When the door was opened, in 2001, many in the West believed that a growing Chinese middle class, enriched by and engaged with the world economy, would eventually claim voice and suffrage, thereby democratizing China. The opposite has happened. China, which has grown wealthy in part by stealing intellectual property from the West, is turning into an online-era dictatorship, while still denying reciprocity in investment and trade relations.

Is this how you behave as a privileged member of the world’s business club? China’s unchecked abuse of the global free-trade regime makes a mockery of the very idea that the world can operate according to a rules-based order. Again, while many in the West have talked the talk about taking on China, only Mr. Trump has actually done something about it.

Mr. Trump’s tariffs against Europe are patently illegal, and Europe should retaliate. But simply punishing the makers of motorcycles, blue jeans and bourbon whiskey doesn’t solve any of the problems festering beneath the skin of the liberal world order. Europe needs to understand what is driving Mr. Trump’s anger and cooperate with Washington to fix the imbalances in the system.

That’s easy to say in theory, but can Europe work with Mr. Trump in practice? Maybe not. But there’s no real choice. And there’s a good chance for success if Europe engages Mr. Trump by his New York tycoon soul — he needs to be convinced that he’s getting a good deal. And right now, it’s easy to see why he thinks otherwise.

Final Nail In American Civil Liberties Union

The final nail in the ACLU’s coffin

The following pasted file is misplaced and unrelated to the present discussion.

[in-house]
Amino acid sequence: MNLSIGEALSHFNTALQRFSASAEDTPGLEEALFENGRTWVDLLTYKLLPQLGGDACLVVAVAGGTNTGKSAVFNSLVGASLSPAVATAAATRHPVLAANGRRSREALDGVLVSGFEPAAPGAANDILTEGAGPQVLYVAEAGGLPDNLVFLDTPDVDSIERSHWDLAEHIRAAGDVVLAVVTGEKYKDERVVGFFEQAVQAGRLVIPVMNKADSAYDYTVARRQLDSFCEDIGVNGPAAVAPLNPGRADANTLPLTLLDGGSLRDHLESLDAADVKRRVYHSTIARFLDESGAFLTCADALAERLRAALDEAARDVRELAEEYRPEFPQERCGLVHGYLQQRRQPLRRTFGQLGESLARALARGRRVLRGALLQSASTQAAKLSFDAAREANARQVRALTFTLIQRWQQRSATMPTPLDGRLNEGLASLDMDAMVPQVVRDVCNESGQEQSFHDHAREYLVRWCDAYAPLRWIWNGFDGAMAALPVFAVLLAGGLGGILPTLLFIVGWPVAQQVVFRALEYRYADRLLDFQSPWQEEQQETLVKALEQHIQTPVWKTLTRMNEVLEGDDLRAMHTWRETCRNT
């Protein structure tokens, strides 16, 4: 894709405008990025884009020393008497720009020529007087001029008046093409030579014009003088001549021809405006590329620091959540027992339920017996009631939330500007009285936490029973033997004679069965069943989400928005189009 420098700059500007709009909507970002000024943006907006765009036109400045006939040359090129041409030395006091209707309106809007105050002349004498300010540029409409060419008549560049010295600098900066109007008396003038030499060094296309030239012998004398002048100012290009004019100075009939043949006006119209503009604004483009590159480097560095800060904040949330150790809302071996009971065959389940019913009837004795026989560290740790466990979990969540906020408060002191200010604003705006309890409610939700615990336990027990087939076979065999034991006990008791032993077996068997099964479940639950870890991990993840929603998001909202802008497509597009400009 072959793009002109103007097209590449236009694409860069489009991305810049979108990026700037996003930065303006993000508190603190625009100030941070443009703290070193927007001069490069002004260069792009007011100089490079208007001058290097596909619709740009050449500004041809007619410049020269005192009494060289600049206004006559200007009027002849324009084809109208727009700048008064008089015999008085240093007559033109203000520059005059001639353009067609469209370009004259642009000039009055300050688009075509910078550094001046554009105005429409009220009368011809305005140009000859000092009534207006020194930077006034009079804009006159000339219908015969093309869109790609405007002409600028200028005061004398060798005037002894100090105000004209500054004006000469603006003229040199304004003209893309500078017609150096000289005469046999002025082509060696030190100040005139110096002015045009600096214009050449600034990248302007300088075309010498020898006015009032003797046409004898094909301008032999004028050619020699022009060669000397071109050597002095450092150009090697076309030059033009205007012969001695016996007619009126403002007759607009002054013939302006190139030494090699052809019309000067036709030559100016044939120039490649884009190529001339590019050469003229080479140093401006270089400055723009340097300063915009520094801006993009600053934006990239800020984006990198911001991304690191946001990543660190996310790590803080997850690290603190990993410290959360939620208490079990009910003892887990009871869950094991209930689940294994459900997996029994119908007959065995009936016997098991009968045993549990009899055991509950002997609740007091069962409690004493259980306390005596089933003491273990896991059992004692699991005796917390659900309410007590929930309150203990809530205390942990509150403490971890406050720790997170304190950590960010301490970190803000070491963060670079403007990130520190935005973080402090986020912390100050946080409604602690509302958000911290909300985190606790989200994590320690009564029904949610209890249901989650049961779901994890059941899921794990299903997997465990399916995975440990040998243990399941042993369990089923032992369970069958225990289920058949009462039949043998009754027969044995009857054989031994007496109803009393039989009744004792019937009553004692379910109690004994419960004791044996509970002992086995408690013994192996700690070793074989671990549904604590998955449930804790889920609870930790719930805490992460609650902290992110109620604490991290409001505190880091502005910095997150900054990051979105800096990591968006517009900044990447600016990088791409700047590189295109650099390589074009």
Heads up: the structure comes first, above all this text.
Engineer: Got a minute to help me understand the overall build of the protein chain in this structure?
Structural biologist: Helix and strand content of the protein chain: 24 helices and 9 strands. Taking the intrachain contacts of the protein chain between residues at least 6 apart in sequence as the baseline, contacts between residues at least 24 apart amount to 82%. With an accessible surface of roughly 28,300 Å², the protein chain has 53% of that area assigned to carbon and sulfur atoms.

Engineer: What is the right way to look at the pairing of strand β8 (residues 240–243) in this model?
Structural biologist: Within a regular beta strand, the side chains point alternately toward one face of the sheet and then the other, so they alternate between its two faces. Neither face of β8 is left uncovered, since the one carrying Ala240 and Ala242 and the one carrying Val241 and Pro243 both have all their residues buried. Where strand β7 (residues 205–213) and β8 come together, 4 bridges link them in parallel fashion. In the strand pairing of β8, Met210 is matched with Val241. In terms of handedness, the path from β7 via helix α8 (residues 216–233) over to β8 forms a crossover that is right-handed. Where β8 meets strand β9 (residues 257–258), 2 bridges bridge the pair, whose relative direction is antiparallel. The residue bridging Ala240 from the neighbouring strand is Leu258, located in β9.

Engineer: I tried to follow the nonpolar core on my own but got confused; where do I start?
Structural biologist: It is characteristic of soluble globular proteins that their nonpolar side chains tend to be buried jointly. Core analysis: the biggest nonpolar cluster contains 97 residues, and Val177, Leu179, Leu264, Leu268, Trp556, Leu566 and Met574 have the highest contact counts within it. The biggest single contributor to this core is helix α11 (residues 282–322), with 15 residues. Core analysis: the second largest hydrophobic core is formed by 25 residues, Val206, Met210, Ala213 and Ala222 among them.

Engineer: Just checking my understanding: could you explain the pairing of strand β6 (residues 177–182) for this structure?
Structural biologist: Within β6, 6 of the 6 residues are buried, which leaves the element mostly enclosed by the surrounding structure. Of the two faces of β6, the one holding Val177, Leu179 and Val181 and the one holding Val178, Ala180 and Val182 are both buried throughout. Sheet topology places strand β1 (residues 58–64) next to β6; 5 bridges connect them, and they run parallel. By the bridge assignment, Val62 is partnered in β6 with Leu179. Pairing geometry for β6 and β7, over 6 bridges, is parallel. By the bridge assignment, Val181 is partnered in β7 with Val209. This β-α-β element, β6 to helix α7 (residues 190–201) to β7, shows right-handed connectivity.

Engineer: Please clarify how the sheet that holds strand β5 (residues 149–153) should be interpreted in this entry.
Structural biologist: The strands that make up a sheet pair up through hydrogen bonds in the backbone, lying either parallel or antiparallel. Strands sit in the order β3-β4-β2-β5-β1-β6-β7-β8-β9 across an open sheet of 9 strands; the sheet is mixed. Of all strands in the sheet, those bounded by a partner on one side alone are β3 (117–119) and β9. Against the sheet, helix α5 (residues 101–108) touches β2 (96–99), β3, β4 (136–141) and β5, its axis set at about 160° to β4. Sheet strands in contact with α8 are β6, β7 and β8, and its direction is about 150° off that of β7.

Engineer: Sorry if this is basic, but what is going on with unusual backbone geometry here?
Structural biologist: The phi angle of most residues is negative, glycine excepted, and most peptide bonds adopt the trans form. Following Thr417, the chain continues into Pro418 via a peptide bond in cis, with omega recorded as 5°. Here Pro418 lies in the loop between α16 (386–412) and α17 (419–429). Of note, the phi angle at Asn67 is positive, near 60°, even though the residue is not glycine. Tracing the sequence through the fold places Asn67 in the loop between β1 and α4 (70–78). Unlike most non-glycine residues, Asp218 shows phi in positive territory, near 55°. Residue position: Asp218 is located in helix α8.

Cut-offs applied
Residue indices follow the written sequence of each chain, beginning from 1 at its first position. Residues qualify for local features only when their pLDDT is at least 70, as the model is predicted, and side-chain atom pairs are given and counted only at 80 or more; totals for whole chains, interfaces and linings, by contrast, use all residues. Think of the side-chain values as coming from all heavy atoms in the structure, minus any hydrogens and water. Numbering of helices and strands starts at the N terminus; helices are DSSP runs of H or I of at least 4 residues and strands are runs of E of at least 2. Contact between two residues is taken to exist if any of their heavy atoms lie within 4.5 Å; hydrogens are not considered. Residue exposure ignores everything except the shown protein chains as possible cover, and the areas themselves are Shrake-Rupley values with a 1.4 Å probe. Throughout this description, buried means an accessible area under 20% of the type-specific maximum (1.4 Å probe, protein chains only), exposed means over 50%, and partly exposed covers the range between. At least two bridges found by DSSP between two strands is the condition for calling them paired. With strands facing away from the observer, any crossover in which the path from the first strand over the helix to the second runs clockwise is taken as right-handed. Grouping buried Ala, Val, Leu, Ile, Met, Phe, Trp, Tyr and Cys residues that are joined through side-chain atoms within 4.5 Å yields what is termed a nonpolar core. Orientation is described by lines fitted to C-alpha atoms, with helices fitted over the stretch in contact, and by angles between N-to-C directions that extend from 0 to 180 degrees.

‘The director of the American Civil Liberties Union has now acknowledged what should have been obvious to everybody over the past several years: The ACLU is no longer a neutral defender of everyone’s civil liberties. It has morphed into a hyper-partisan, hard-left political advocacy group. The final nail in its coffin was the announcement that, for the first time in its history, the ACLU would become involved in partisan electoral politics, supporting candidates, referenda and other agenda-driven political goals.

The headline in the June 8 edition of the New Yorker tells it all: “The ACLU is getting involved in elections — and reinventing itself for the Trump era.” The article continues: “In this midterm year, however, as progressive groups have mushroomed and grown more active, and as liberal billionaires such as Howard Schultz and Tom Steyer have begun to imagine themselves as political heroes and eye presidential runs, the ACLU, itself newly flush, has begun to move in step with the times. For the first time in its history, the ACLU is taking an active role in elections. The group has plans to spend more than 25 million dollars on races and ballot initiatives by Election Day, in November.”